If I said “Ox Tongue” cookies, would you know what I’m talking about? Maybe “Cow Tongue” or “Spice Tongue” cookies? I feel like these all might be the secret passwords to a quiet PA Dutch baking club.
As it turns out, Ox Tongue Cookies are a sweet and spicy PA Dutch recipe with deep roots. I recently connected with my summer kitchen cooking friend, Terry Berger for a podcast episode. Terry is a Licensed Clinical Social Worker by day and a scratch cook by night and on the weekends. We first met at this year’s Kutztown Folk Festival’s Summer Kitchen, where he helped organize and prepare daily meals to educate festival attendees about traditional PA Dutch recipes. He has a special love of cast iron stoves, which are used at the Festival.
Terry enjoys sharing recipes and stories that have significance and history. He often demonstrates cooking at regional cultural events; most recently he took part in “Christmas on the Farm,” held at the Pennsylvania German Cultural Heritage Center at Kutztown University. Tune into the 2 Weird Hungry Girls Podcast to listen in on a chit chat about these cookies.
Ox Tongue Cookies, shared from Terry’s family’s recipe box, was prepared decades ago as a teaching tool for children, to remind them who first met the baby Jesus. It wasn’t wise men and shepherds, but the ox and lamb who welcomed His birth in the stable.
You can continue the tradition and use these cookies as a teaching tool …or you can tease your friends by packaging them in a beautifully ornate gift box, clearly labeled “Ox Tongue Cookies” (with no further explanation), and enjoy their reaction. These unique treats are also a great way to show your thanks during the holiday season – the recipe makes so many cookies, you’ll have plenty to share with your favorite barista, waitress, store clerk, etcetera!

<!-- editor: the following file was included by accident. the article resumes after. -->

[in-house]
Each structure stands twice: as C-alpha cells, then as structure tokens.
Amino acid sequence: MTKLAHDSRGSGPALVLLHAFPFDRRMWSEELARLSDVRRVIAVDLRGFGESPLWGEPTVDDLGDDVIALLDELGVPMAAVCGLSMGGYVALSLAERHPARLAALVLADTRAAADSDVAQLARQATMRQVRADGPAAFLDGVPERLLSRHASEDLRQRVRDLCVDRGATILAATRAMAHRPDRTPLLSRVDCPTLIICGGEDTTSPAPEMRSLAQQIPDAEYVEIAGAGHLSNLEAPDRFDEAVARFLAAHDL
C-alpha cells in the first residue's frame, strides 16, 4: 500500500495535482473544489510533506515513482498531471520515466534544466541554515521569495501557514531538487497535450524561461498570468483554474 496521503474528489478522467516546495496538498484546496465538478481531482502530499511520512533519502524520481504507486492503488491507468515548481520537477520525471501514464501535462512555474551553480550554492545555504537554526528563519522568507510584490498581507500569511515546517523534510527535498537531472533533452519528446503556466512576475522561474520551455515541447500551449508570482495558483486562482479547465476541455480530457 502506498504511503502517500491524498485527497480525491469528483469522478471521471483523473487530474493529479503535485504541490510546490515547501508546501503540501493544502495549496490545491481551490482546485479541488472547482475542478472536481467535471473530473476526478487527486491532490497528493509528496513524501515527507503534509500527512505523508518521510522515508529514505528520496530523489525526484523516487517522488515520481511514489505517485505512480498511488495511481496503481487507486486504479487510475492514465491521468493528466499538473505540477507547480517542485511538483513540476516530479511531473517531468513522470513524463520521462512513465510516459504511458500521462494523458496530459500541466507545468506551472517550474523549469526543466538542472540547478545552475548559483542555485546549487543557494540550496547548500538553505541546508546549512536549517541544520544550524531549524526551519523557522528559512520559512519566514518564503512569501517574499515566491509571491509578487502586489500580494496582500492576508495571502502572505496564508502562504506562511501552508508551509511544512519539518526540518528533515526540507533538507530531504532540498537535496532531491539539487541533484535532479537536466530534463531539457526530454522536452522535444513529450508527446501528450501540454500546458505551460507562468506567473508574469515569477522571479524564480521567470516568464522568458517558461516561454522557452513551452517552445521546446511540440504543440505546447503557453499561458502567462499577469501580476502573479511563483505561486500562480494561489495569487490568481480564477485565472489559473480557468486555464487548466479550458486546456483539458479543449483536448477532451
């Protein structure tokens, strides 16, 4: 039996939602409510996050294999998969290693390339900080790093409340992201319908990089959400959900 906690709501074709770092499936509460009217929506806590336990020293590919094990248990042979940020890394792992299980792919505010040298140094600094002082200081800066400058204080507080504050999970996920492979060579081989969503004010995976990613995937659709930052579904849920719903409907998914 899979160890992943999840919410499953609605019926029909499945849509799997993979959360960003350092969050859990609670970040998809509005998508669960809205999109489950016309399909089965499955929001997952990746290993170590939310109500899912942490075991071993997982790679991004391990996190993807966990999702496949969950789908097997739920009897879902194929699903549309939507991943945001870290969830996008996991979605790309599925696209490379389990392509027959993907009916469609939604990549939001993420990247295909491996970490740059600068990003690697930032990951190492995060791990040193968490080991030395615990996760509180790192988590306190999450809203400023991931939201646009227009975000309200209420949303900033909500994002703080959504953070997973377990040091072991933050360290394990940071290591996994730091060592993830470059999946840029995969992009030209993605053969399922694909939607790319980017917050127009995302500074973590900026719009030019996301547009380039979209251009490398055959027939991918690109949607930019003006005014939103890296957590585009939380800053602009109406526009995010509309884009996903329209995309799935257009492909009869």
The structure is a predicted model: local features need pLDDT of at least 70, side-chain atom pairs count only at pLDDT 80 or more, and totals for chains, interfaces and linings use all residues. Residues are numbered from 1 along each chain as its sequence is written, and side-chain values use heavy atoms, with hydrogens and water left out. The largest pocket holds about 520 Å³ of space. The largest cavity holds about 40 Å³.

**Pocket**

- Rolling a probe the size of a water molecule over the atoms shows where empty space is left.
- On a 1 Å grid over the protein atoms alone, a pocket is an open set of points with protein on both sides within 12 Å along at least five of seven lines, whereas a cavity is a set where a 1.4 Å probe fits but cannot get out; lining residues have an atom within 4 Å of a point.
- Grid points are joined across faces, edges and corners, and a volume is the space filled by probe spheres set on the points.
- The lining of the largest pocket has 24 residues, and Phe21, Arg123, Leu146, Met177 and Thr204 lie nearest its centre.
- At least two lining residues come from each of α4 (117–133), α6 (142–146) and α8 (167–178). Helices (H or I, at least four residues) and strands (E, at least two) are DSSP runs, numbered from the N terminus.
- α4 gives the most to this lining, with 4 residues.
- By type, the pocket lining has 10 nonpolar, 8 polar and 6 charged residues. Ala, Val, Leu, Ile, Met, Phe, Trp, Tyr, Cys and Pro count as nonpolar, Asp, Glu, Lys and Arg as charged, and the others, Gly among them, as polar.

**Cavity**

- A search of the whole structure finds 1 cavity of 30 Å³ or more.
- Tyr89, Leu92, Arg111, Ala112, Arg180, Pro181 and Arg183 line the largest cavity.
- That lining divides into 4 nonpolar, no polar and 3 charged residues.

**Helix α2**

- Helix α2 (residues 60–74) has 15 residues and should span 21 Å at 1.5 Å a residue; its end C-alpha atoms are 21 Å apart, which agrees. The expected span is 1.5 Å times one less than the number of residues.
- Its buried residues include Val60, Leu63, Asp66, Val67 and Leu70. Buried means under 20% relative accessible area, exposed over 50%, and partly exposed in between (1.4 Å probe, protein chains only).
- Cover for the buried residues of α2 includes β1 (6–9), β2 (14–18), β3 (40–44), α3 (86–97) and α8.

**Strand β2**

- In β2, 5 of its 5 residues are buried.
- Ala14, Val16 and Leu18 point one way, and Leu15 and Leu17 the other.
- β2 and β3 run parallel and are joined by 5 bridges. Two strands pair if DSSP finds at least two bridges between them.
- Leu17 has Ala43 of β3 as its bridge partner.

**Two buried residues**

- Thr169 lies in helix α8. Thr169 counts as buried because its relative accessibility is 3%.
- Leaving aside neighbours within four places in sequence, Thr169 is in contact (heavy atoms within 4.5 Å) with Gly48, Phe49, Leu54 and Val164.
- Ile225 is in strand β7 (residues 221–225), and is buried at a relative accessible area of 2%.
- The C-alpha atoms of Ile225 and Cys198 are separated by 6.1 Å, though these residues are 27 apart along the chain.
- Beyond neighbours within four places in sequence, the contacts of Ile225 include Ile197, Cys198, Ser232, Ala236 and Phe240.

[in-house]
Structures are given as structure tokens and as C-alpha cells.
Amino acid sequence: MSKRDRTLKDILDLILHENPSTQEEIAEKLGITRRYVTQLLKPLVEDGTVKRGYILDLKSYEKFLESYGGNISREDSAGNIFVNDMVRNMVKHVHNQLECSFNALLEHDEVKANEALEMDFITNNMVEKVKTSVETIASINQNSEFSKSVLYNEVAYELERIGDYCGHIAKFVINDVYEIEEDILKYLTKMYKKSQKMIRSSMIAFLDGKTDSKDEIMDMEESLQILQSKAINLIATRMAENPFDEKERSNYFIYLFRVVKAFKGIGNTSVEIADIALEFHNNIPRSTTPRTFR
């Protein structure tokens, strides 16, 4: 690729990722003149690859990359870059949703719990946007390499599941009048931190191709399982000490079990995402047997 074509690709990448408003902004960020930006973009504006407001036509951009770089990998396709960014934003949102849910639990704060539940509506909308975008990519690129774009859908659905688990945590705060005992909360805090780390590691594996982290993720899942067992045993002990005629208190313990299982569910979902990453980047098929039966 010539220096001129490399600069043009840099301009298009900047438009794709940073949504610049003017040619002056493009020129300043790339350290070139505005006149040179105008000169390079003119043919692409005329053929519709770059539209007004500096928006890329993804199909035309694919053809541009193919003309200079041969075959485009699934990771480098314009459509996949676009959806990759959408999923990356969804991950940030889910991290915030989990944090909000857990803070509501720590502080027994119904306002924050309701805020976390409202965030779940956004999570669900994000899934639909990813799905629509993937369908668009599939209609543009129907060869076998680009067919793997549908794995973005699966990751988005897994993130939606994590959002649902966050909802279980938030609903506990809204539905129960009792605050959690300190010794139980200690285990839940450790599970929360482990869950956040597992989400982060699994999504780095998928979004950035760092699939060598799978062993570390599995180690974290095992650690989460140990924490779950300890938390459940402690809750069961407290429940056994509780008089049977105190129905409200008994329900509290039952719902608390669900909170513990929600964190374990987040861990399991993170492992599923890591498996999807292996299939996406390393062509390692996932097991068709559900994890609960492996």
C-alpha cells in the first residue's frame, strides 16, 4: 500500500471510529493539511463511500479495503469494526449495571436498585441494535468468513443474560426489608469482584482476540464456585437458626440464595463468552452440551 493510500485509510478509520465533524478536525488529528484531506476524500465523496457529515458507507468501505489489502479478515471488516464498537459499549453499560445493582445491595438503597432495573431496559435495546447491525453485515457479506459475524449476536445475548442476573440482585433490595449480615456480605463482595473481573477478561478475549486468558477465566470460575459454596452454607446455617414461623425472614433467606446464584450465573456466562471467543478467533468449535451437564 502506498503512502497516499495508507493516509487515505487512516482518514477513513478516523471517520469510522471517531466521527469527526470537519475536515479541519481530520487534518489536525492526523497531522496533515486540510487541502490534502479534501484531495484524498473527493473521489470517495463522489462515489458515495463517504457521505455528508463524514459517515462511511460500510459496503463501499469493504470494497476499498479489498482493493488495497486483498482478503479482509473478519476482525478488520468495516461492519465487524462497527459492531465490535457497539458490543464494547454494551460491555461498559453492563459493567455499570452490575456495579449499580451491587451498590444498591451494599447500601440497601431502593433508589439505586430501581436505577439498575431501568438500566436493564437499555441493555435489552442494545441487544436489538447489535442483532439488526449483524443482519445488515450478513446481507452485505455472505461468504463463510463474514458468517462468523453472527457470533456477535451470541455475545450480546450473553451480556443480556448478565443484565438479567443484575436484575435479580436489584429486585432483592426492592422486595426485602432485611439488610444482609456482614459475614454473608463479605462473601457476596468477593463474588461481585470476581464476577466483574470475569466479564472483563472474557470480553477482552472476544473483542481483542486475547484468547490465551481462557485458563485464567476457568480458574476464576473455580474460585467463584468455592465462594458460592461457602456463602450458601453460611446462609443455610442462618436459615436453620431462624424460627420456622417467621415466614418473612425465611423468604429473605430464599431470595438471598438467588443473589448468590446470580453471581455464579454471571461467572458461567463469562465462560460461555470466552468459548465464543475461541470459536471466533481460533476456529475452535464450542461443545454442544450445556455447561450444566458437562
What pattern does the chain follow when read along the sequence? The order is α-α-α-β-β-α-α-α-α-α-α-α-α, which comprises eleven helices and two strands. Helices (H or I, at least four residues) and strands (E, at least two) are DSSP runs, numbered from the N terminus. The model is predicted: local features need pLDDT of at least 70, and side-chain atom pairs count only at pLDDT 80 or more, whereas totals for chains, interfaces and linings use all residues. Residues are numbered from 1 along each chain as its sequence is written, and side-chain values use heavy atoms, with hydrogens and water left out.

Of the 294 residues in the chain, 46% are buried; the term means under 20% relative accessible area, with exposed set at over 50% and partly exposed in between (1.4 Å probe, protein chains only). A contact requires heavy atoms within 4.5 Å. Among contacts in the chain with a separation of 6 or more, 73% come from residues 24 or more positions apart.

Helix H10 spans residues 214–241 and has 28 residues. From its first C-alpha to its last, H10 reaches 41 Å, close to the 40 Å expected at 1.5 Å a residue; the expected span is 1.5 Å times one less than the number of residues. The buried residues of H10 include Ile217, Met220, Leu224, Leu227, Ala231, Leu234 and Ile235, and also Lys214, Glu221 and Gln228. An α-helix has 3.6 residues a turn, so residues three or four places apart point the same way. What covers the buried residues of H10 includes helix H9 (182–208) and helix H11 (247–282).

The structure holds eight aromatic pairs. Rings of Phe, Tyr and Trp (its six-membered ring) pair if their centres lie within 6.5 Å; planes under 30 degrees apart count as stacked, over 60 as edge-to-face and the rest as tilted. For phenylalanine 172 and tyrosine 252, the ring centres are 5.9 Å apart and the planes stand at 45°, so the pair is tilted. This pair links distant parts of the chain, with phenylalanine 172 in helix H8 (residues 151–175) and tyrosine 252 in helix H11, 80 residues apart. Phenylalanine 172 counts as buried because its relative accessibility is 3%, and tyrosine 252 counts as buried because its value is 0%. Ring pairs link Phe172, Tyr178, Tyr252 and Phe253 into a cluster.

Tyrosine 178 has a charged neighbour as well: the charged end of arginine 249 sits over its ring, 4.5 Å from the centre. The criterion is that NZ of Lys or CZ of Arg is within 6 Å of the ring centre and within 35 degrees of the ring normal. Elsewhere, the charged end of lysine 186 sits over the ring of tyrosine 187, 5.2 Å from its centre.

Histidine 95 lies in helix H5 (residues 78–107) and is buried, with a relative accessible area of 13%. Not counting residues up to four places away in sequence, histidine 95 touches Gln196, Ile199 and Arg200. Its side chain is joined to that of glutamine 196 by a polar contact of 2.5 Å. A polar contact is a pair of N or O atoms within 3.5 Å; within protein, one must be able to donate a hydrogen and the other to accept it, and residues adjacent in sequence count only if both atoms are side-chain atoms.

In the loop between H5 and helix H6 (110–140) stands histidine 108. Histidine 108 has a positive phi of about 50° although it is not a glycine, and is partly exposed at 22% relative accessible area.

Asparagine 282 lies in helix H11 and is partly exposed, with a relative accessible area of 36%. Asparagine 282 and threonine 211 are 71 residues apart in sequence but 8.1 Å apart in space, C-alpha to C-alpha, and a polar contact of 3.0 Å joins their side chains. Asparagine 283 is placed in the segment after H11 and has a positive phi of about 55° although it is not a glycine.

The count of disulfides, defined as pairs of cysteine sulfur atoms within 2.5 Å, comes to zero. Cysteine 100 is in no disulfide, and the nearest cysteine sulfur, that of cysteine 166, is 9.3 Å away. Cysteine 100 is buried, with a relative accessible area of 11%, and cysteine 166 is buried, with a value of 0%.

ox tongue cookies
This recipe is easily doubled, and you can prepare it by hand or use a stand mixer (Terry mixes his cookies by hand). For Step 5, I adjusted Terry’s method and found it easier to use a 2-tablespoon ice cream scoop to scoop out about 8 pieces at a time and roll them in batches.
: Terry Berger for Phoebe's Pure Food
Serves: 80 cookies
- /2 cup unsulfured molasses
- 1-1/2 cup Crisco, lard or butter
- 2 cups sugar, plus ⅓ cup for rolling
- 2 eggs
- 4 cups flour
- 2-1/2 teaspoons baking soda
- 2 teaspoons ground cloves
- 2 teaspoons ground ginger
- 3 to 4 teaspoons ground cinnamon
- 1 teaspoon salt
- Using a stand mixer with a paddle attachment, cream the molasses, Crisco, sugar and eggs.
- In a separate bowl, sift the flour, baking soda, spices and salt.
- Gradually add the flour mixture to the wet mixture. Combine thoroughly but don’t over-mix.
- Fill a small bowl with the ⅓ cup sugar. Form two tablespoons of dough into a short log, about 3” long, and roll in the sugar.
- Place the logs on a parchment paper lined baking sheet. Cookies will spread.
- Bake at 350ºF for 8-10 minutes, until lightly browned. Allow to rest on the baking sheet for a few minutes before transferring the cookies to a cooling rack.